LICONY decided that Cole was disqualified as a beneficiary under the accident policy due to his murder conviction, and therefore, LICONY paid the entire proceeds of the accident policy to defendant O'Reilly. Cole contends that payment of the accident policy proceeds to defendant O'Reilly was not proper, and requests that the accident policy proceeds be held in escrow pending the outcome of his appeal of his conviction. (See defendant Cole's Reply Memorandum of Law of 8/23/92, at 7-8.)
Connecticut General has not yet paid out the proceeds of the basic and supplemental life insurance policies. Defendants Cole, Eidel, Spots, and Ferguson assert claims to the basic and supplemental life insurance proceeds. Cole consents to Connecticut General's request that it be permitted to pay into court the proceeds of the basic and supplemental life insurance policies. Although they have not made a motion, defendants Eidel, Spots, and Ferguson request in their Answer, Counterclaim and Crossclaim that this Court 1. issue a declaratory judgment that Cole is disqualified from collecting any of the basic and supplemental life insurance proceeds; 2. direct Connecticut General to pay the basic and supplemental life insurance proceeds directly to them, with interest from December 28, 1989;
and 3. grant such other and further relief that the Court deems just and proper, together with the costs and disbursements of this action.
A. Subject Matter Jurisdiction for this Action Exists Under the Declaratory Judgment Act, 28 U.S.C. § 2201(a) (1988)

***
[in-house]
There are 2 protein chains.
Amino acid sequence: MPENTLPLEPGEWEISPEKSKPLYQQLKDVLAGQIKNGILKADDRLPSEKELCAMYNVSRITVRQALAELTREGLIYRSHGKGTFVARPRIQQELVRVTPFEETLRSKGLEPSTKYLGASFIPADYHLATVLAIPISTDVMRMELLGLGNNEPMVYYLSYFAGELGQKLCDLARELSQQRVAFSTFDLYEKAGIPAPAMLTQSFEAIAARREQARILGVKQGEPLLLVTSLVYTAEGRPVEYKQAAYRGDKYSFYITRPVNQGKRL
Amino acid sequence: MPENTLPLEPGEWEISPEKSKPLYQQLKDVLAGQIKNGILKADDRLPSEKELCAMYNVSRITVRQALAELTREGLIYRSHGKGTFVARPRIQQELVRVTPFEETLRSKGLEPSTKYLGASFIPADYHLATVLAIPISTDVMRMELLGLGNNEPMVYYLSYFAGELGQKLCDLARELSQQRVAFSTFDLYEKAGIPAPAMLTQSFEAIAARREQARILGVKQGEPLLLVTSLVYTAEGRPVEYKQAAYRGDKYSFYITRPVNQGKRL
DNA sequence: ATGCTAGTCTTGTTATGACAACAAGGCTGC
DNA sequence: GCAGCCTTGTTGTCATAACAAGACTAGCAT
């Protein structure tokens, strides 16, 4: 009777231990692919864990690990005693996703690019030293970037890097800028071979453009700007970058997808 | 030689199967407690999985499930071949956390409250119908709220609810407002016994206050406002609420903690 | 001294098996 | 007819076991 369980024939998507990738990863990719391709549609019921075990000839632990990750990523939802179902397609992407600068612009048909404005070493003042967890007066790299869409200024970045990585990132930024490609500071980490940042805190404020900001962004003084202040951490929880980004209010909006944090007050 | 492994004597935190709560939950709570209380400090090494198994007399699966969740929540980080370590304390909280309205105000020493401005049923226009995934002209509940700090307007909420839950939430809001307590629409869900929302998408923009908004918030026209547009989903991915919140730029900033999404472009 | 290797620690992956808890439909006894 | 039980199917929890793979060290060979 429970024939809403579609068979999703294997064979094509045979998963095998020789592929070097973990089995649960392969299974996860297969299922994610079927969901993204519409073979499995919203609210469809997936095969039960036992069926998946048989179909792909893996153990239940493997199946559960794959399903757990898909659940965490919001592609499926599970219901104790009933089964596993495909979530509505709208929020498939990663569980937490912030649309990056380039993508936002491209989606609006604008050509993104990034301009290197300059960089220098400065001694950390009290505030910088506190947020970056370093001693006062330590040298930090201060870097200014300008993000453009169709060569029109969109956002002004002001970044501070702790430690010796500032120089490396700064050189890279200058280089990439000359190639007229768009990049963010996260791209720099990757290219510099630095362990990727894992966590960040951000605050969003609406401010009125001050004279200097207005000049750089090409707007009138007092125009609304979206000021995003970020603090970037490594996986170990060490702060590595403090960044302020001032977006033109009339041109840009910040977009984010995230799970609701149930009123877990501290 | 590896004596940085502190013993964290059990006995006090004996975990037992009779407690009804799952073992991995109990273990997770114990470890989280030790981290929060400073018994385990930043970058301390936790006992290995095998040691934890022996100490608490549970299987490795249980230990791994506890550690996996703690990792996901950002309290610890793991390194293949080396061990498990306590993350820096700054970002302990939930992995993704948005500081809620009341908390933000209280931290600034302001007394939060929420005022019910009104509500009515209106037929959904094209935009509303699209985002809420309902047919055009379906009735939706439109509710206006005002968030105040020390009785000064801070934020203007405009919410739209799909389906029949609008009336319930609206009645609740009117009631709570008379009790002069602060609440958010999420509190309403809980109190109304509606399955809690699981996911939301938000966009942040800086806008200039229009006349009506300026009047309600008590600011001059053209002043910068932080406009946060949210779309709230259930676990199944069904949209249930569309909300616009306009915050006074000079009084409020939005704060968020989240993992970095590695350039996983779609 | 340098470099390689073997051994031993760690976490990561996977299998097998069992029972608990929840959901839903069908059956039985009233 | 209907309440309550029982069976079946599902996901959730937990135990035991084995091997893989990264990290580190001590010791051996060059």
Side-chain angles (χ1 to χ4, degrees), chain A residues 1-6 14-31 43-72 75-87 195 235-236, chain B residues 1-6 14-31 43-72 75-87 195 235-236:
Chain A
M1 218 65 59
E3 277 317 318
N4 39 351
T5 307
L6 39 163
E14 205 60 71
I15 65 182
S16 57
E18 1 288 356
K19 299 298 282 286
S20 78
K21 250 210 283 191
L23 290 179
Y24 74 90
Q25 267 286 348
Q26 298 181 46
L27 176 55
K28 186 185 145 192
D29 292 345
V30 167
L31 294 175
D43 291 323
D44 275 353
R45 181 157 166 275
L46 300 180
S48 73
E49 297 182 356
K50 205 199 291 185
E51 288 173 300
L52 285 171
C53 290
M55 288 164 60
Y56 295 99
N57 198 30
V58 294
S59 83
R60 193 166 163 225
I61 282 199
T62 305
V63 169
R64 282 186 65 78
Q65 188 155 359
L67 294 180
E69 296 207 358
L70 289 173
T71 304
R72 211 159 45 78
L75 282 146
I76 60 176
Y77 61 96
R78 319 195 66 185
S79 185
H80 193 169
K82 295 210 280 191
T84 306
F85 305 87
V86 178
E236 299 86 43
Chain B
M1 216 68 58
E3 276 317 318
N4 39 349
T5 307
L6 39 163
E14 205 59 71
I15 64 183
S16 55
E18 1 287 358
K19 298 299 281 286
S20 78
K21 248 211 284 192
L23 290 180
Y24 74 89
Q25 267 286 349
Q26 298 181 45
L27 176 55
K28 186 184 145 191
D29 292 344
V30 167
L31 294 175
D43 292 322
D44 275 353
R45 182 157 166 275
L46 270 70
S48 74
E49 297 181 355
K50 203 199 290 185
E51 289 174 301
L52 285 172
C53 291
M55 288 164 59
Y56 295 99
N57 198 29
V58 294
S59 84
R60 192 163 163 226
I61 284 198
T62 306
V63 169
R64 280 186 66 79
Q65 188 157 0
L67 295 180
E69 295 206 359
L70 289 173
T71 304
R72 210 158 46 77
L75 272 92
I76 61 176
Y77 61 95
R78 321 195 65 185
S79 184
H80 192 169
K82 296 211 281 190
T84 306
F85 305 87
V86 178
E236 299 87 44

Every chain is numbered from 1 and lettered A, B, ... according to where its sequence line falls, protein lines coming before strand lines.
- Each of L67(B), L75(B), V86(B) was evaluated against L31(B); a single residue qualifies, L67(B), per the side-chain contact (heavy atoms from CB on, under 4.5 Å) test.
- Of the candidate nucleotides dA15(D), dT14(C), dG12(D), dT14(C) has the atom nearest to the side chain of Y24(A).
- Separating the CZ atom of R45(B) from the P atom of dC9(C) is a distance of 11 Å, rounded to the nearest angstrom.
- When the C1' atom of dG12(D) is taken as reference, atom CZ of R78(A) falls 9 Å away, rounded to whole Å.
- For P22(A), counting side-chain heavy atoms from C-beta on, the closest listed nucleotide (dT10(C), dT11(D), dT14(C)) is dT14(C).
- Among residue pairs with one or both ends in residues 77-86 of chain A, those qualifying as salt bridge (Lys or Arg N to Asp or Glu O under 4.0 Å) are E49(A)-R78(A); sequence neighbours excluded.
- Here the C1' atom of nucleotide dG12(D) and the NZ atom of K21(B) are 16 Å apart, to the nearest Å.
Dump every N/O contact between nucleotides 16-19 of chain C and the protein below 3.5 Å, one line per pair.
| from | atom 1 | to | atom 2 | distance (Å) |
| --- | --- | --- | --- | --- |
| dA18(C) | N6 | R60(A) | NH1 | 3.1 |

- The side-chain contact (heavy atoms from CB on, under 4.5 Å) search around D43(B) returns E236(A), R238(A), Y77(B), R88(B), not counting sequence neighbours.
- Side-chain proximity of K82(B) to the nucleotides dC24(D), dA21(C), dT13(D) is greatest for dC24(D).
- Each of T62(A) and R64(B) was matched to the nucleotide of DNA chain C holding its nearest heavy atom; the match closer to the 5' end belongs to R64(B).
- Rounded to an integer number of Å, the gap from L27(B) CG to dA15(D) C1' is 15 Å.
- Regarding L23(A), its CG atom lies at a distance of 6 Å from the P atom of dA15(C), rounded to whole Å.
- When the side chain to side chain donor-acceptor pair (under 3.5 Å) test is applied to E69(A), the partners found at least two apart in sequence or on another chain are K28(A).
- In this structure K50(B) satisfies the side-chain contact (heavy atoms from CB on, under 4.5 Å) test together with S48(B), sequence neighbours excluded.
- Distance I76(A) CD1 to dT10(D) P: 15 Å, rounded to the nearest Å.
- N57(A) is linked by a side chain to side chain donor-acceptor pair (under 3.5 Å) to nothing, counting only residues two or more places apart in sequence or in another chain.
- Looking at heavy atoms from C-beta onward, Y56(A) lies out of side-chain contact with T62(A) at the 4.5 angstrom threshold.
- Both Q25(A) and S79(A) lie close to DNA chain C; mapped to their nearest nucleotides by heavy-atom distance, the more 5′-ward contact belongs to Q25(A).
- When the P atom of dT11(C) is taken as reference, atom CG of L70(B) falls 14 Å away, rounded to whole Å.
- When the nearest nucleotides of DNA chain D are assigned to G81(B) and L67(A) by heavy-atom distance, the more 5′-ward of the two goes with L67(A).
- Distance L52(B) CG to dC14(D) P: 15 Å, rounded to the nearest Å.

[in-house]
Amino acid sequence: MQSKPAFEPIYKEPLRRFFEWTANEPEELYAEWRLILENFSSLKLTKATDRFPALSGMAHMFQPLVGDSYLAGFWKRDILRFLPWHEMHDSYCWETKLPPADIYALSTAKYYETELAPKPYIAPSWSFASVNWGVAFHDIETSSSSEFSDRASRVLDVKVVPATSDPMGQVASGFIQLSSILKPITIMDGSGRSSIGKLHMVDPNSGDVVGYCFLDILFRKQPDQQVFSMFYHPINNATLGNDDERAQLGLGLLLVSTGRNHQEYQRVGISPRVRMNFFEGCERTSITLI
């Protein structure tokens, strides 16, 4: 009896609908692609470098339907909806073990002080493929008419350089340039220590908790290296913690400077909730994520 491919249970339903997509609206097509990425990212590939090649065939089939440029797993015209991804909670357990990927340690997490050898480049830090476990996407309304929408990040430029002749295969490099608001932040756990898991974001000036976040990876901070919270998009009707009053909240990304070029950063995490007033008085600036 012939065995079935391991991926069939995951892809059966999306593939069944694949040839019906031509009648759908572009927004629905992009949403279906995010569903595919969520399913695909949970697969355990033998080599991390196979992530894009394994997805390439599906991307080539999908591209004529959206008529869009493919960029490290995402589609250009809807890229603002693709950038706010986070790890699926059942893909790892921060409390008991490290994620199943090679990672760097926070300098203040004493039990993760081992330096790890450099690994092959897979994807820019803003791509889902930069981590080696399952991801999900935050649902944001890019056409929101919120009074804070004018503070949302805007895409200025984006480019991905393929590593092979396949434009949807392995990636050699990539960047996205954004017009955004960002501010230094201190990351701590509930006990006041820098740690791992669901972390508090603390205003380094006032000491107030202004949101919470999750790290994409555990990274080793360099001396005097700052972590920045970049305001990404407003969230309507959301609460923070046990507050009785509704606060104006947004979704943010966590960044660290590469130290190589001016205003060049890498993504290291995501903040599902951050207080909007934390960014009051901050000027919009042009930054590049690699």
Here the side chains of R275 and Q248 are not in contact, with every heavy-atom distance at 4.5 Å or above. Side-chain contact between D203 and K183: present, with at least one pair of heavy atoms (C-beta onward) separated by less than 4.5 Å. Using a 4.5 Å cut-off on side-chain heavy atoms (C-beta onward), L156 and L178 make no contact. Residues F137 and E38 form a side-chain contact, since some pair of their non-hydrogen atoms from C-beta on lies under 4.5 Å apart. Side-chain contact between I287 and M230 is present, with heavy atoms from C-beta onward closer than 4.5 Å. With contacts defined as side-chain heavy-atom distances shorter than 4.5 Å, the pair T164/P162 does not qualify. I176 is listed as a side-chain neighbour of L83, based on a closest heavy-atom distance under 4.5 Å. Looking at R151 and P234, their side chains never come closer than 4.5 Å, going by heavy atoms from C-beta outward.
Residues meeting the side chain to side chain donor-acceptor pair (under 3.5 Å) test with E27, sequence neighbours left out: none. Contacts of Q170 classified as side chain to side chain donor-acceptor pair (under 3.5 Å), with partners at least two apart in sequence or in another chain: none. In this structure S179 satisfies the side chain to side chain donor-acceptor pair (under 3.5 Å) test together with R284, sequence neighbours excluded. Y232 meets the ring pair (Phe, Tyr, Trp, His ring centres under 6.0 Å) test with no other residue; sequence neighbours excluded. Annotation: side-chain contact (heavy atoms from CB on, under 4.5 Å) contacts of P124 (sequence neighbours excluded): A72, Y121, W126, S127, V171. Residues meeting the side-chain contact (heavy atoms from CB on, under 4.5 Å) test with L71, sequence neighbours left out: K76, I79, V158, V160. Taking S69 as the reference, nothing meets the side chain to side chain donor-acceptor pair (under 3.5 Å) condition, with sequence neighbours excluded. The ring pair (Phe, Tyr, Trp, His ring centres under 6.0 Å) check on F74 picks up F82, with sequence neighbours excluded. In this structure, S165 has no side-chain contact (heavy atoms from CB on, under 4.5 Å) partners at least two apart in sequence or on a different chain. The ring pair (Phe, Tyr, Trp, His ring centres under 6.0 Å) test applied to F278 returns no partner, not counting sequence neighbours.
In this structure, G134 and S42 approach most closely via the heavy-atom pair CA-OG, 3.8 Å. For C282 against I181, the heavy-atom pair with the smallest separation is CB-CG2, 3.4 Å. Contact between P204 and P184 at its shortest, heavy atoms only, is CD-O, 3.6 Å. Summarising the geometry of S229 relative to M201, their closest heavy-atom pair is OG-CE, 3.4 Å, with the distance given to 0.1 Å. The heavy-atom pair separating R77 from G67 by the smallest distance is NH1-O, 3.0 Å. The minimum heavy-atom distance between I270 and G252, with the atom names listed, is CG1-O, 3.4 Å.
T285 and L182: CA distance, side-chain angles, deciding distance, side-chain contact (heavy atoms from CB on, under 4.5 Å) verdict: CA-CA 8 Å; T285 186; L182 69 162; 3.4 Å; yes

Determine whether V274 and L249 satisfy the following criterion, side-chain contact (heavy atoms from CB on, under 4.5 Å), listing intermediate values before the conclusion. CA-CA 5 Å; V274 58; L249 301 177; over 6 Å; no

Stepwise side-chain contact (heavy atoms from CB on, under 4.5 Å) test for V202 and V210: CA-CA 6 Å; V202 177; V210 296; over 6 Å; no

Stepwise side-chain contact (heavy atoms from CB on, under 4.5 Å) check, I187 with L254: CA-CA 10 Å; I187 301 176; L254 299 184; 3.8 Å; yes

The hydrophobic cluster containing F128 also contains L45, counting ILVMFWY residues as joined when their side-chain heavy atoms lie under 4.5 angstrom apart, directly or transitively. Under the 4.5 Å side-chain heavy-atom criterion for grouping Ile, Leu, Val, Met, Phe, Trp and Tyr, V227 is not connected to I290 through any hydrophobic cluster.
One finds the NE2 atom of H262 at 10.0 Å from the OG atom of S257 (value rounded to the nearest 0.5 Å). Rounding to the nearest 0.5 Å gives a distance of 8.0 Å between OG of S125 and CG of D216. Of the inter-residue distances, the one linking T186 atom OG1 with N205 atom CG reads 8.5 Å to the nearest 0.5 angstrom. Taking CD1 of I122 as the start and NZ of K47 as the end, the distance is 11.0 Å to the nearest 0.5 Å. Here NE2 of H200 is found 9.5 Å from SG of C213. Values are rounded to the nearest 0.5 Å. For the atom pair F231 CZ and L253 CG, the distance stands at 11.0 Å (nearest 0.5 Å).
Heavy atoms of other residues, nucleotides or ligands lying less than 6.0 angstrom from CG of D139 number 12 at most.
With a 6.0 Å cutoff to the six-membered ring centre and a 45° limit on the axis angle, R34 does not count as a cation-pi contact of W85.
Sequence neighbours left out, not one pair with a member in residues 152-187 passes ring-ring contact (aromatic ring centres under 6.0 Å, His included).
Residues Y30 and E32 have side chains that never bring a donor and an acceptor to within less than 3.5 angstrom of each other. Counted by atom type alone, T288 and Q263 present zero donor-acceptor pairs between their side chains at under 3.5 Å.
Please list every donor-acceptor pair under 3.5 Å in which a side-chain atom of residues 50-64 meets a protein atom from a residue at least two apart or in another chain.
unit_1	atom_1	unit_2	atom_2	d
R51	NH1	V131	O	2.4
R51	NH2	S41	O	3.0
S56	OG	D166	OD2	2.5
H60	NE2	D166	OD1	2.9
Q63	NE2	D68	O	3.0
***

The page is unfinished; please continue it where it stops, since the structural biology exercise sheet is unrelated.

A fiduciary of an ERISA plan may bring an action "(A) to enjoin any act or practice which violates any provision of [ERISA] or the terms of the plan, or (B) to obtain . . . equitable relief (i) to redress such violations or (ii) to enforce any provisions of [ERISA] or the terms of the plan . . . ;" 29 U.S.C. § 1132(a)(3)(A)-(a)(3)(B) (1988 & Supp. II 1990). Subsections 1132(a)(3)(A) and 1132(a)(3)(B)(i) are inapplicable here because plaintiff insurance companies do not claim that defendants violated any provision of ERISA or the terms of the plan. Therefore, plaintiffs are apparently asserting jurisdiction under § 1132(a)(3)(B)(ii). See 29 U.S.C. § 1132(a)(3)(B)(ii) (1988 & Supp. II 1990). The issue thus becomes whether plaintiffs' suit is an action either to obtain "equitable relief" or to "enforce" the terms of the plan.
A declaratory judgment is not always a form of "equitable" relief. Transamerica Occidental Life Ins. Co. v. Digregorio, 811 F.2d 1249, 1251 (9th Cir. 1987). If the nature of the underlying controversy is "legal" rather than "equitable", a declaratory judgment will be considered a form of legal relief. Id. at 1251-52. The underlying controversies in this case are defendants' contractual claims to benefits under the accident insurance policy and the life insurance policies. Since a contractual claim to benefits is a legal claim, the declaratory judgment plaintiffs seek is a form of legal relief, and therefore, plaintiffs' action is not to obtain equitable relief. See Id. (holding that an insurance company's declaratory judgment action presented a legal claim where the underlying controversy was a beneficiary's contractual claim for double indemnity benefits under a life insurance policy covered by ERISA).
Moreover, we do not believe that through this action plaintiffs are seeking to "enforce" the terms of their ERISA plan. A declaratory judgment "enforces" the terms of an ERISA plan if 1. "it seeks to establish the primacy of an ERISA obligation over some independent, potentially conflicting federal or state law duty", or 2. it seeks to establish that the party against whom the action is brought has an obligation under ERISA that it is allegedly disregarding. Transamerica, 811 F.2d at 1252. An action brought solely to clarify one's obligations as an insurer is not a suit to "enforce" the terms of an ERISA plan. See Id.; Reynolds v. Stahr, 758 F. Supp.1276, 1280 ...